In the Spring of 2011, surgeon Cristiana Bertocchi finished a stint in
Côte d’Ivoire–Ivory Coast–working with Médecins Sans Frontières (MSF).
She served in the Abobo Sud neighborhood of Abidjan, one of the main
flash points in the country’s widespread violence. At the time of her
visit, the Ministry of Health hospital in Abobo Sud was the area’s only
fully-functioning hospital and one of the few in the city. Medical teams
there treated hundreds of emergency patients, most of whom had bullet
When emergency physician Ken Mwatha fell asleep after a shift, he
set in motion a chain of events that would change his life – and his
practice of emergency medicine – forever.
I want to save victims from cardiac arrest. I want to apply good CPR,
use the right tools to improve outcomes, and use only the medications
and processes that improve long-term restoration of neurologic function.
Unfortunately, as Jimmy Buffett would say, “I arrived a little too
Spontaneous bacterial peritonitis (SBP) is a well-recognized, severe
complication in cirrhotic patients presenting to the emergency
department (ED) with ascites. The prevalence of this disease varies
widely among study populations, with a range of 10% to 30% in
hospitalized patients with ascites, compared to 0% to 3.5% among
asymptomatic outpatient clinic populations.
Should the Joint Commission mandate all hospital employees get the flu shot?
With or without fiberoptic assistance, nasal intubation remains a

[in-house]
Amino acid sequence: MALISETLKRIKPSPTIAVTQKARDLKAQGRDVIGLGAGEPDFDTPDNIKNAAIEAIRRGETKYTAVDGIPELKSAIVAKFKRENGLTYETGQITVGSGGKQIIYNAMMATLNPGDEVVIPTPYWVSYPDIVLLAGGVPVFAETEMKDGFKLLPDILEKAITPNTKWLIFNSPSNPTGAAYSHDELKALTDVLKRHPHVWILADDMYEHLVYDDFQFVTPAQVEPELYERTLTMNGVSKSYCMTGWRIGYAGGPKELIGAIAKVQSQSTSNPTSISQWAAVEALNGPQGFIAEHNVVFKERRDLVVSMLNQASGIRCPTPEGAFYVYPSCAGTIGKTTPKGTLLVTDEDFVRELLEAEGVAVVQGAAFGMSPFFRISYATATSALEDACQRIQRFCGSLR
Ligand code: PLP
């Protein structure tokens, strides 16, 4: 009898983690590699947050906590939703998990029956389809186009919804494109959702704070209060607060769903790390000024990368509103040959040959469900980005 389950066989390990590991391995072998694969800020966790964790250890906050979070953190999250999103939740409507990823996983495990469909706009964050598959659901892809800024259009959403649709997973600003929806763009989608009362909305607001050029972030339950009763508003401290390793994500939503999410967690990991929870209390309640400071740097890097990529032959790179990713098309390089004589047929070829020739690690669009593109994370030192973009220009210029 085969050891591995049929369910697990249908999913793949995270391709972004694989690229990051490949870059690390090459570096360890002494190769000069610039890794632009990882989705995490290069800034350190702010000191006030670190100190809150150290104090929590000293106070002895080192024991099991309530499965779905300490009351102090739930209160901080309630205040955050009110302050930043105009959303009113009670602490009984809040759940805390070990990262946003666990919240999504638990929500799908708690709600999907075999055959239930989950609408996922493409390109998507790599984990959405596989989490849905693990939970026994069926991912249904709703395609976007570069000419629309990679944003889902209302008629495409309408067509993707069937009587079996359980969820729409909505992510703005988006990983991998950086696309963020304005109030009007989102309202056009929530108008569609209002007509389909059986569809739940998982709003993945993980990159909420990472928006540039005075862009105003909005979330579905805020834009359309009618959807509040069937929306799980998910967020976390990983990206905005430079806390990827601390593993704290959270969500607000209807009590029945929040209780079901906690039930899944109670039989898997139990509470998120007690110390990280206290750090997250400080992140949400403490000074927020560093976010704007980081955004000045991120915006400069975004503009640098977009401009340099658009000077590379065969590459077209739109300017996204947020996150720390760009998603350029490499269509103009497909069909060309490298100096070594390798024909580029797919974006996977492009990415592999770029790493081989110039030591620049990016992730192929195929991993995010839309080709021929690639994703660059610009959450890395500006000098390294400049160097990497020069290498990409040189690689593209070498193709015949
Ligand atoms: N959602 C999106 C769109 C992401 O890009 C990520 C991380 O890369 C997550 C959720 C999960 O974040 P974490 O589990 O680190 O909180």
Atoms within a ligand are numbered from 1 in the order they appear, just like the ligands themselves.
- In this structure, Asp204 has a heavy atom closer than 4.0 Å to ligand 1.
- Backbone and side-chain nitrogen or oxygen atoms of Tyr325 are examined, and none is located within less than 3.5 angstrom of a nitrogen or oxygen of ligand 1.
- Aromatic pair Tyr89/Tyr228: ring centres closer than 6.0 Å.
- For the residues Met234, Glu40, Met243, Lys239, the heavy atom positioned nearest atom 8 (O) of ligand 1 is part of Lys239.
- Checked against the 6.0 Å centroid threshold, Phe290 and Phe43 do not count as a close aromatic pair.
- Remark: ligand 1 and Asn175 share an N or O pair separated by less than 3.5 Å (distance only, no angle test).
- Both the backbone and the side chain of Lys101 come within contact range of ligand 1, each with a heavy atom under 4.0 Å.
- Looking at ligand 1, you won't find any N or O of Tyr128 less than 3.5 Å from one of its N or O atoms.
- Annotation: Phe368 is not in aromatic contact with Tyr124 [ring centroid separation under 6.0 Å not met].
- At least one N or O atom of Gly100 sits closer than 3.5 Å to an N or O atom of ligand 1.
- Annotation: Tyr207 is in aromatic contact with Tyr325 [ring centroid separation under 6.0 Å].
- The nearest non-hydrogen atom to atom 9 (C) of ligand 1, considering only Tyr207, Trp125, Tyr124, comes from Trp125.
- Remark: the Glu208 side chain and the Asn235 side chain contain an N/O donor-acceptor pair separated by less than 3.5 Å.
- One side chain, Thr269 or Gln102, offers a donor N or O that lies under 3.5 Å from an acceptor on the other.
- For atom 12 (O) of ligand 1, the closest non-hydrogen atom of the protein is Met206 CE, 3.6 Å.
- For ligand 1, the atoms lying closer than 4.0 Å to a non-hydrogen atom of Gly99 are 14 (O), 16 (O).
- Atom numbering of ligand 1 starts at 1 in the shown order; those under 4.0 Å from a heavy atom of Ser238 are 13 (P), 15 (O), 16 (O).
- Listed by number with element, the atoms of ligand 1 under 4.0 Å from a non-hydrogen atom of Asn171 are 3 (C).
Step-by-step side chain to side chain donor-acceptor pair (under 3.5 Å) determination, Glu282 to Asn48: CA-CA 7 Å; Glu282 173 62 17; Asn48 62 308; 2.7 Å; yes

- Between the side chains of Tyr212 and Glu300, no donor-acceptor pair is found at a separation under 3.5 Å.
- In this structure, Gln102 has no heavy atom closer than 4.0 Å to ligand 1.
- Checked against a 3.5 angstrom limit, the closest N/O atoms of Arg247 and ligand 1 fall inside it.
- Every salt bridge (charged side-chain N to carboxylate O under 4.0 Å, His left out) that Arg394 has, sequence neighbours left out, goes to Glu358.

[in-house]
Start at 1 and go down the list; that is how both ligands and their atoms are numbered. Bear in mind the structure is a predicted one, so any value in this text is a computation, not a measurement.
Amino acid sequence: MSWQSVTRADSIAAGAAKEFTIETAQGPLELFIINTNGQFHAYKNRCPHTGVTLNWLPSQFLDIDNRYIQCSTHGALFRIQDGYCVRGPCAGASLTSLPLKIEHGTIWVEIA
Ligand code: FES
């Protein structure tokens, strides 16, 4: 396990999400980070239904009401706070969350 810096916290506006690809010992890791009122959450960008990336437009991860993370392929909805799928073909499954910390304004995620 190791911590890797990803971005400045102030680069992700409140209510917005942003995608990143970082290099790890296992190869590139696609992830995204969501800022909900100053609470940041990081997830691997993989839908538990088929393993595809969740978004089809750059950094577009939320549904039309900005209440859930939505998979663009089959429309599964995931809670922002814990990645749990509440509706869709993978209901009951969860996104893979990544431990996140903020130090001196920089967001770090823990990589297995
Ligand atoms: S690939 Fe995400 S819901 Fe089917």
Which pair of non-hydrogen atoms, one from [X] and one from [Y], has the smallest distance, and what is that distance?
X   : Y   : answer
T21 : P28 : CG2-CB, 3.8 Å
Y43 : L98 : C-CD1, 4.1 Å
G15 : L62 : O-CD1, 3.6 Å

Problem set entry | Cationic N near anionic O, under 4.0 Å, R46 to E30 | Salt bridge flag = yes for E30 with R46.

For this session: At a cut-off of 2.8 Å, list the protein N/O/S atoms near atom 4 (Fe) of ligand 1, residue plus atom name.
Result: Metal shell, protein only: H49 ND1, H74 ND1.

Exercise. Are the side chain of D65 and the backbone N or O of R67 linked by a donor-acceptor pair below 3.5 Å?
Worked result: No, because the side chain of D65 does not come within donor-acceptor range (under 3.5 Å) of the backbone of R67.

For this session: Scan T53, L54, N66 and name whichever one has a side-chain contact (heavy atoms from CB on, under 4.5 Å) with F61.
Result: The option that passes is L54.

valuable technique in some emergency airway situations, despite its
overall decline in use. It is best in patients who are not critically
hypoxic and in whom there is obvious oral pathology making intubation
and ventilation through the mouth problematic.
In this series, much space has been dedicated to explaining the changes
coming to emergency medicine as hospitals try to qualify for federal
stimulus dollars, by demonstrating meaningful use of electronic health
records. But as these changes unfold, another tech revolution is taking
place in health care – the way patients interact with each other, and
with health organizations, using social media.
“It’s like a drug. First, it makes you feel better even though your
situation isn’t any different. Second, and worse, it’s addicting.” Chuck Shufflebarger, MD, said this to me about ambulance
diversion last summer as I was preparing a talk about concepts in
The emergency department is undoubtedly the area of the hospital that most frequently requires the services of interpreters. As of January 1, 2011, the Joint Commission requires the use of “qualified translators” in the emergency department 24/7.
In this installment of "Rick's Picks" Rick Bukata discusses a couple law suits resulting from excessive emergency department wait times. Should the Joint Commission step in?